Von Schlumbach's Xylotheque
Installation in Museum 't Coopmanshûs, Franeker, Holland, 1992
Installatie in Museum 't Coopmanshûs, Franeker, 1992

I was invited to make an installation in a museum in the northern town of Franeker, where once had been a university. There is a room in the museum with circa 45 painted portraits of former professors, hanging in three rows above each other. A cabinet with glass doors between the professors contains a 200 years old "Xylotheque" from the former department of biology. It consists of about 144 wooden boxes in the form of books. Each box contains information about one kind of tree: a piece of wood, a twig, a leaf, a flower, seeds, pollen, a nut and even a piece of charcoal. Each box was made, as far as possible, of wood from the tree involved.

The curator asked me to merge my art with this collection. She had seen my exhibition of destroyed drawings and it were the aspects of destruction and hidden information that struck her. I had told her the secret that I also had destroyed the Bhagavad Gita. She had read that book better than I did.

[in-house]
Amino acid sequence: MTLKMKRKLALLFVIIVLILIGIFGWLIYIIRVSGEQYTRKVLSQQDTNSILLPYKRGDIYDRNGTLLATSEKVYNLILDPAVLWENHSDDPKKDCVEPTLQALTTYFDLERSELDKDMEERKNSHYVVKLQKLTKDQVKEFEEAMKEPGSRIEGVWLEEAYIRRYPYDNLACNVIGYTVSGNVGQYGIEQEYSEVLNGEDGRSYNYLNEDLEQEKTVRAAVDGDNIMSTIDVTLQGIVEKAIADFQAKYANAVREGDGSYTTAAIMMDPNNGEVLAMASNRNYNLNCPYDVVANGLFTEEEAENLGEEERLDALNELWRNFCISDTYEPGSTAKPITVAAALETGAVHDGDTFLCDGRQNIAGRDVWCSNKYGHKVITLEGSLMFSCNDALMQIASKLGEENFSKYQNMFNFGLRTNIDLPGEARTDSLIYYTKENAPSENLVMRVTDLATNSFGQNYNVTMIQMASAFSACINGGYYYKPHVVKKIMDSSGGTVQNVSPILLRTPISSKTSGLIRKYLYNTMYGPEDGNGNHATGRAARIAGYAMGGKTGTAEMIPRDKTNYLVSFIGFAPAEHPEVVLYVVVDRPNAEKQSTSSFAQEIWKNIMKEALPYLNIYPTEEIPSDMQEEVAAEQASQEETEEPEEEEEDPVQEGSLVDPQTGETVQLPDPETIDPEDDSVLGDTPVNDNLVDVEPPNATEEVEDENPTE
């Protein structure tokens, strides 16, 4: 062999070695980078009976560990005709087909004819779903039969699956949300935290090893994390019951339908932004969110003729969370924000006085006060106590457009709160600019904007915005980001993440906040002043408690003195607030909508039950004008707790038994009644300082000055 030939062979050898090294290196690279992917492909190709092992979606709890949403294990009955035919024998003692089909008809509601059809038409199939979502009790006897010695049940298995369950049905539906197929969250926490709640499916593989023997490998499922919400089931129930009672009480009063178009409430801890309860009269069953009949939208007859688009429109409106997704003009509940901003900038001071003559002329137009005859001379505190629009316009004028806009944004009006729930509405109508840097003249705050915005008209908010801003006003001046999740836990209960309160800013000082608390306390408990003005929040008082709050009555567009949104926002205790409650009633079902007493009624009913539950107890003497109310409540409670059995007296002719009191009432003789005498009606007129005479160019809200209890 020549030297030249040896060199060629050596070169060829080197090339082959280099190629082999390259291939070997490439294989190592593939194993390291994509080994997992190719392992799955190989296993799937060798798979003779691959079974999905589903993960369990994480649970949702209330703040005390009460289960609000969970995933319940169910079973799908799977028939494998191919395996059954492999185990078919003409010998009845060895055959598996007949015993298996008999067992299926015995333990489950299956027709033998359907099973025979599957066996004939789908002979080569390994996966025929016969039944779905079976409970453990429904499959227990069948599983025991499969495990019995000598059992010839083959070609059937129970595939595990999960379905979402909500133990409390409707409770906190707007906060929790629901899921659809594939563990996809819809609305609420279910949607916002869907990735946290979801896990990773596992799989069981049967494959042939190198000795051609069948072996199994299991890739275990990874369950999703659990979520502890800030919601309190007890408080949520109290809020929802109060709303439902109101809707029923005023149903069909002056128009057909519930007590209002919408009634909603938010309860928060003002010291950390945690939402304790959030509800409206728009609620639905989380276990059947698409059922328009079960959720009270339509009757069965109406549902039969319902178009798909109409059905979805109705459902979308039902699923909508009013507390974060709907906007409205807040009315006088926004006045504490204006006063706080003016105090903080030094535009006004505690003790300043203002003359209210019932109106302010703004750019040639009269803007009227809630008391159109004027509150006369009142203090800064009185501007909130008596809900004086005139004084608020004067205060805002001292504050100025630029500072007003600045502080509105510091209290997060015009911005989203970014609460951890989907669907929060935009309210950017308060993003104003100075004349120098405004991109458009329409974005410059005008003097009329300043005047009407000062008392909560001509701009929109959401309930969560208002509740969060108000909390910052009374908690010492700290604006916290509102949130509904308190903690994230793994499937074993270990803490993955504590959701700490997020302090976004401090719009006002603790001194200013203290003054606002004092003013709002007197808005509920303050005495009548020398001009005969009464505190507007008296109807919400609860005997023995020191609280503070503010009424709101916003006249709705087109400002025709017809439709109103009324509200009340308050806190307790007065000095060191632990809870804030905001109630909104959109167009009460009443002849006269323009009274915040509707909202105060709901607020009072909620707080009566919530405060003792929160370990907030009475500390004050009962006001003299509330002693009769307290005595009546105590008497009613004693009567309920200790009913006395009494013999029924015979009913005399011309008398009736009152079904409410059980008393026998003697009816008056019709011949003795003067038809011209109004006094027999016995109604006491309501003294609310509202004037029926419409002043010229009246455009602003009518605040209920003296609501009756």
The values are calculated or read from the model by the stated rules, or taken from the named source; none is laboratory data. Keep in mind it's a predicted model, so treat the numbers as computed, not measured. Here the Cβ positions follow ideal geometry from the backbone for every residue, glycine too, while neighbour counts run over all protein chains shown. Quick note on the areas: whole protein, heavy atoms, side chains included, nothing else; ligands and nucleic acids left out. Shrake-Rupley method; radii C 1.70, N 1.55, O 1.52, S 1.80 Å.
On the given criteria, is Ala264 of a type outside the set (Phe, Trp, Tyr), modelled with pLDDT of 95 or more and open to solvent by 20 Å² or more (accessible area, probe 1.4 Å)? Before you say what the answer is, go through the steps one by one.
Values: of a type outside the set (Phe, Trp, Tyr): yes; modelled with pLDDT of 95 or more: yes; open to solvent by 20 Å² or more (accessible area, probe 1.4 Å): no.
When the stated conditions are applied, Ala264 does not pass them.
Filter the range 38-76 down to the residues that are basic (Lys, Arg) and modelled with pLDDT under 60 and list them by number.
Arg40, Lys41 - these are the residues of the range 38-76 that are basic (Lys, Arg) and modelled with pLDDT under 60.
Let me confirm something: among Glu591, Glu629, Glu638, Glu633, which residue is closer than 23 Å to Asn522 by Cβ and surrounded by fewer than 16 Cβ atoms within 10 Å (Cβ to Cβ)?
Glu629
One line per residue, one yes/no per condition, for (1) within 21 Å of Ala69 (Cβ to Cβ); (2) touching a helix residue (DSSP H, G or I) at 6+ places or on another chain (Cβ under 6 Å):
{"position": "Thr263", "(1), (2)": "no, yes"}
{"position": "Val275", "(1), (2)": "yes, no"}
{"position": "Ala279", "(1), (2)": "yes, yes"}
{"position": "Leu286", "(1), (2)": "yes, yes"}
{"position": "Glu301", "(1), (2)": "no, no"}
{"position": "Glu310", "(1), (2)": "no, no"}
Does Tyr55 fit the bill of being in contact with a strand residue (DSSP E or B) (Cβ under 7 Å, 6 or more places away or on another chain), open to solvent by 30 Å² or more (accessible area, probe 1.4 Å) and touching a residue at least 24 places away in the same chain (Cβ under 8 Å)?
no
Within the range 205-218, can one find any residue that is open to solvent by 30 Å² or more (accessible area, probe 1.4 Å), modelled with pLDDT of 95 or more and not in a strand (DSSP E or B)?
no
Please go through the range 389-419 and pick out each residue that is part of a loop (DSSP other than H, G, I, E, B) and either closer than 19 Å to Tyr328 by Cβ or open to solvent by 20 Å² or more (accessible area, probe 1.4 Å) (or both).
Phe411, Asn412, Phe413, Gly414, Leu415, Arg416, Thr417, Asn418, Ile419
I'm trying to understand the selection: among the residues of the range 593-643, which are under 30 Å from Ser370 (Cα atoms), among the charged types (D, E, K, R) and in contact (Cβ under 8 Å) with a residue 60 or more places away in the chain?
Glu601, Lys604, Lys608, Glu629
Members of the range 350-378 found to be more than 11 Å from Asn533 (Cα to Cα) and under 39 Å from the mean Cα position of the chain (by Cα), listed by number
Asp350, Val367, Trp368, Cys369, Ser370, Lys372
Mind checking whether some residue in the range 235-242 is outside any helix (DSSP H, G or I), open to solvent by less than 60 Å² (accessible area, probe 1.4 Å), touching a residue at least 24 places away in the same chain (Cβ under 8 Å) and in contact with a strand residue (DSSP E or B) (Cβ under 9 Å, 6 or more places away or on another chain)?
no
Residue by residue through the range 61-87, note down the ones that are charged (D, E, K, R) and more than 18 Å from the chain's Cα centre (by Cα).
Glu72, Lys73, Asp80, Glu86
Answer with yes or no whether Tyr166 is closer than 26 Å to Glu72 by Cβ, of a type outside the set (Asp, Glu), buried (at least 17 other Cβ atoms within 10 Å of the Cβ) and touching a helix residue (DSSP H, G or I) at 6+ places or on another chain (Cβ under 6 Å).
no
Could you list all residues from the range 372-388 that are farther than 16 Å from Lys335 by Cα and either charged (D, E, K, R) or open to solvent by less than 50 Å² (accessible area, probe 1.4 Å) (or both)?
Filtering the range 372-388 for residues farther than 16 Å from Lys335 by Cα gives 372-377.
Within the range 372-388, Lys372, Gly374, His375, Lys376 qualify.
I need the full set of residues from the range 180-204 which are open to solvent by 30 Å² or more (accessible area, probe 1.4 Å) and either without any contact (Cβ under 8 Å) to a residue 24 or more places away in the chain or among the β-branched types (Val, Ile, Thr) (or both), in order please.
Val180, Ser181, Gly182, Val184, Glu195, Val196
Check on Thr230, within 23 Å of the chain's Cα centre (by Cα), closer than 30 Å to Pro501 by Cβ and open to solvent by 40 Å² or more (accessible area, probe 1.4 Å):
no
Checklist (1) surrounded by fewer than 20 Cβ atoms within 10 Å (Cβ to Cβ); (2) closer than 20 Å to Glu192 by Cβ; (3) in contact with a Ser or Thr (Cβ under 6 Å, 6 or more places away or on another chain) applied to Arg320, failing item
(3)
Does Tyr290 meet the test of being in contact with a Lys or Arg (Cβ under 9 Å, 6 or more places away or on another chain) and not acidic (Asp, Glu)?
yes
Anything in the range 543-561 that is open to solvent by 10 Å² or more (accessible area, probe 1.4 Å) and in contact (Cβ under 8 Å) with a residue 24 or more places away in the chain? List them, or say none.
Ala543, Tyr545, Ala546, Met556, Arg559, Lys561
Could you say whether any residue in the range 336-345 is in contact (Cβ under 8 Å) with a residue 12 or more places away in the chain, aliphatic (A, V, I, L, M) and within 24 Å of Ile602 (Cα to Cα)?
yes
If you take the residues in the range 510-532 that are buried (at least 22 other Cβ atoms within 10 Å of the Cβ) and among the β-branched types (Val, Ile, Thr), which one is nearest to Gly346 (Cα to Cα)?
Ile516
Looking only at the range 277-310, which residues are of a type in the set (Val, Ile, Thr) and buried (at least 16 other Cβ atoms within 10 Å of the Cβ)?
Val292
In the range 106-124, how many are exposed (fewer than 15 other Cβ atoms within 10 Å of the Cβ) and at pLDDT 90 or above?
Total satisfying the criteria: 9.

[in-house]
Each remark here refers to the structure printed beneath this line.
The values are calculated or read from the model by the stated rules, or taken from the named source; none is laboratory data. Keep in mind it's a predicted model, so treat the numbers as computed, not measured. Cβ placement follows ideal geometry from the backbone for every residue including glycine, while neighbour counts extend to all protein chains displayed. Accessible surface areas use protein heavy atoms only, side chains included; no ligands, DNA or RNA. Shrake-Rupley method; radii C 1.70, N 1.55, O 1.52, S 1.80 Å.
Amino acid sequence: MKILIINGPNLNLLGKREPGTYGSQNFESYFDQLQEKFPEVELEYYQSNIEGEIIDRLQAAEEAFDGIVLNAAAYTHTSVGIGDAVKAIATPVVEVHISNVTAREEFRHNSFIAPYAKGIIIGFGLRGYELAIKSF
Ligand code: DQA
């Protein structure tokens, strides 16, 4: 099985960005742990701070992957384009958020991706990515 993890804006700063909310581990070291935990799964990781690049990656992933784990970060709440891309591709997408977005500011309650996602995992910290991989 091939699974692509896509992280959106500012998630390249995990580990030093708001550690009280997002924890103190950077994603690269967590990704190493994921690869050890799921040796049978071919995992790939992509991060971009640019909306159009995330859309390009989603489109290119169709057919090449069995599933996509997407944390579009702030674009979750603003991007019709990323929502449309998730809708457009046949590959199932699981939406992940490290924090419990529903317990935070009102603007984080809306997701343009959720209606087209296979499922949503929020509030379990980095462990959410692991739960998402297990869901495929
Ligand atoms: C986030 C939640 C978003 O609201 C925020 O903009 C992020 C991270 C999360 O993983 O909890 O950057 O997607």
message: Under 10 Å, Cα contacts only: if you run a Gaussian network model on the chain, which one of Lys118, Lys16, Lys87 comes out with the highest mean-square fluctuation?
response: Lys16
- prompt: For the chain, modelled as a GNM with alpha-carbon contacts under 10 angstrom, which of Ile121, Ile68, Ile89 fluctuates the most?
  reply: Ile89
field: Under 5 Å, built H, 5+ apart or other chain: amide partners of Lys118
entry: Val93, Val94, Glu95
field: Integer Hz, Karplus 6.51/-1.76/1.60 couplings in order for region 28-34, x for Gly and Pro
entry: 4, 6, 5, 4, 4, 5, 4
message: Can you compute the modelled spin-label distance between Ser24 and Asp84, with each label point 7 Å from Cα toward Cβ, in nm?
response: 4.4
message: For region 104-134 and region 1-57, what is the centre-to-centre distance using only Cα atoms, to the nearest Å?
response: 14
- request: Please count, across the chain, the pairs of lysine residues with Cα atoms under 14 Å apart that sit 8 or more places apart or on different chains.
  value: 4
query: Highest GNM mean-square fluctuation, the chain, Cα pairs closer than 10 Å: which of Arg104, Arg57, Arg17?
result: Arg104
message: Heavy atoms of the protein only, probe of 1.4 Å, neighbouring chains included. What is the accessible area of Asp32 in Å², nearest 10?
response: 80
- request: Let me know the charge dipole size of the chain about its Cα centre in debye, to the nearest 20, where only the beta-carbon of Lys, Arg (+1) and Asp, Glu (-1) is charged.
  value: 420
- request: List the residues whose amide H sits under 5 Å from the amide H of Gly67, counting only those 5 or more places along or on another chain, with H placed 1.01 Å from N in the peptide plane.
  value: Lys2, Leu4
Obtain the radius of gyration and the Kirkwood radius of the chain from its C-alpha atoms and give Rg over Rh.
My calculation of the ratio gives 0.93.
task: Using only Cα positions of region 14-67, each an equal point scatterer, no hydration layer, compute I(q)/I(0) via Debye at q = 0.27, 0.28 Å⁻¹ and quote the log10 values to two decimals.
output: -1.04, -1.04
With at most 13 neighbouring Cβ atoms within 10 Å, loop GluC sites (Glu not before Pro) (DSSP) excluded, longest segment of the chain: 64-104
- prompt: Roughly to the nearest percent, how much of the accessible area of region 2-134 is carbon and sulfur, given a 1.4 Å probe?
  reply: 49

Instead of preparing the installation and working on it, I bought 2 kilos of postage stamps, still glued on converts and cards. In my youth I collected stamps and they form a strong visual memory for me. I used to make long lines of all kinds of queens, kings and presidents in different colours and with different numbers. Still now I love to take stamps off from the converts in water, to smell the wet paper, to dry them and to order them. And so I did. I got thousands of the same and I almost got mad, but it became like a pathological obsession and I had to finish the job.
All the time I had the 45 professors and the 144 tree-boxes in my mind and so in the end I made a series of 144 small jar drawings as series of stamps for the exhibition. I fixed them in wooden frames and put them between the wooden boxes of the Betula Alba, the Quercus Robur, the Platanus Occidentalis and the 141 other trees. The watercolours were standing oblique. I had taken the same amount of jars with destroyed drawings with the idea to incorporate them in the installation, but in the end I used them to support the watercolours.
It was a nice idea to know that they were supported by the jars that made the watercolours possible. Only at the lowest shelf it was possible to catch a glimpse of them.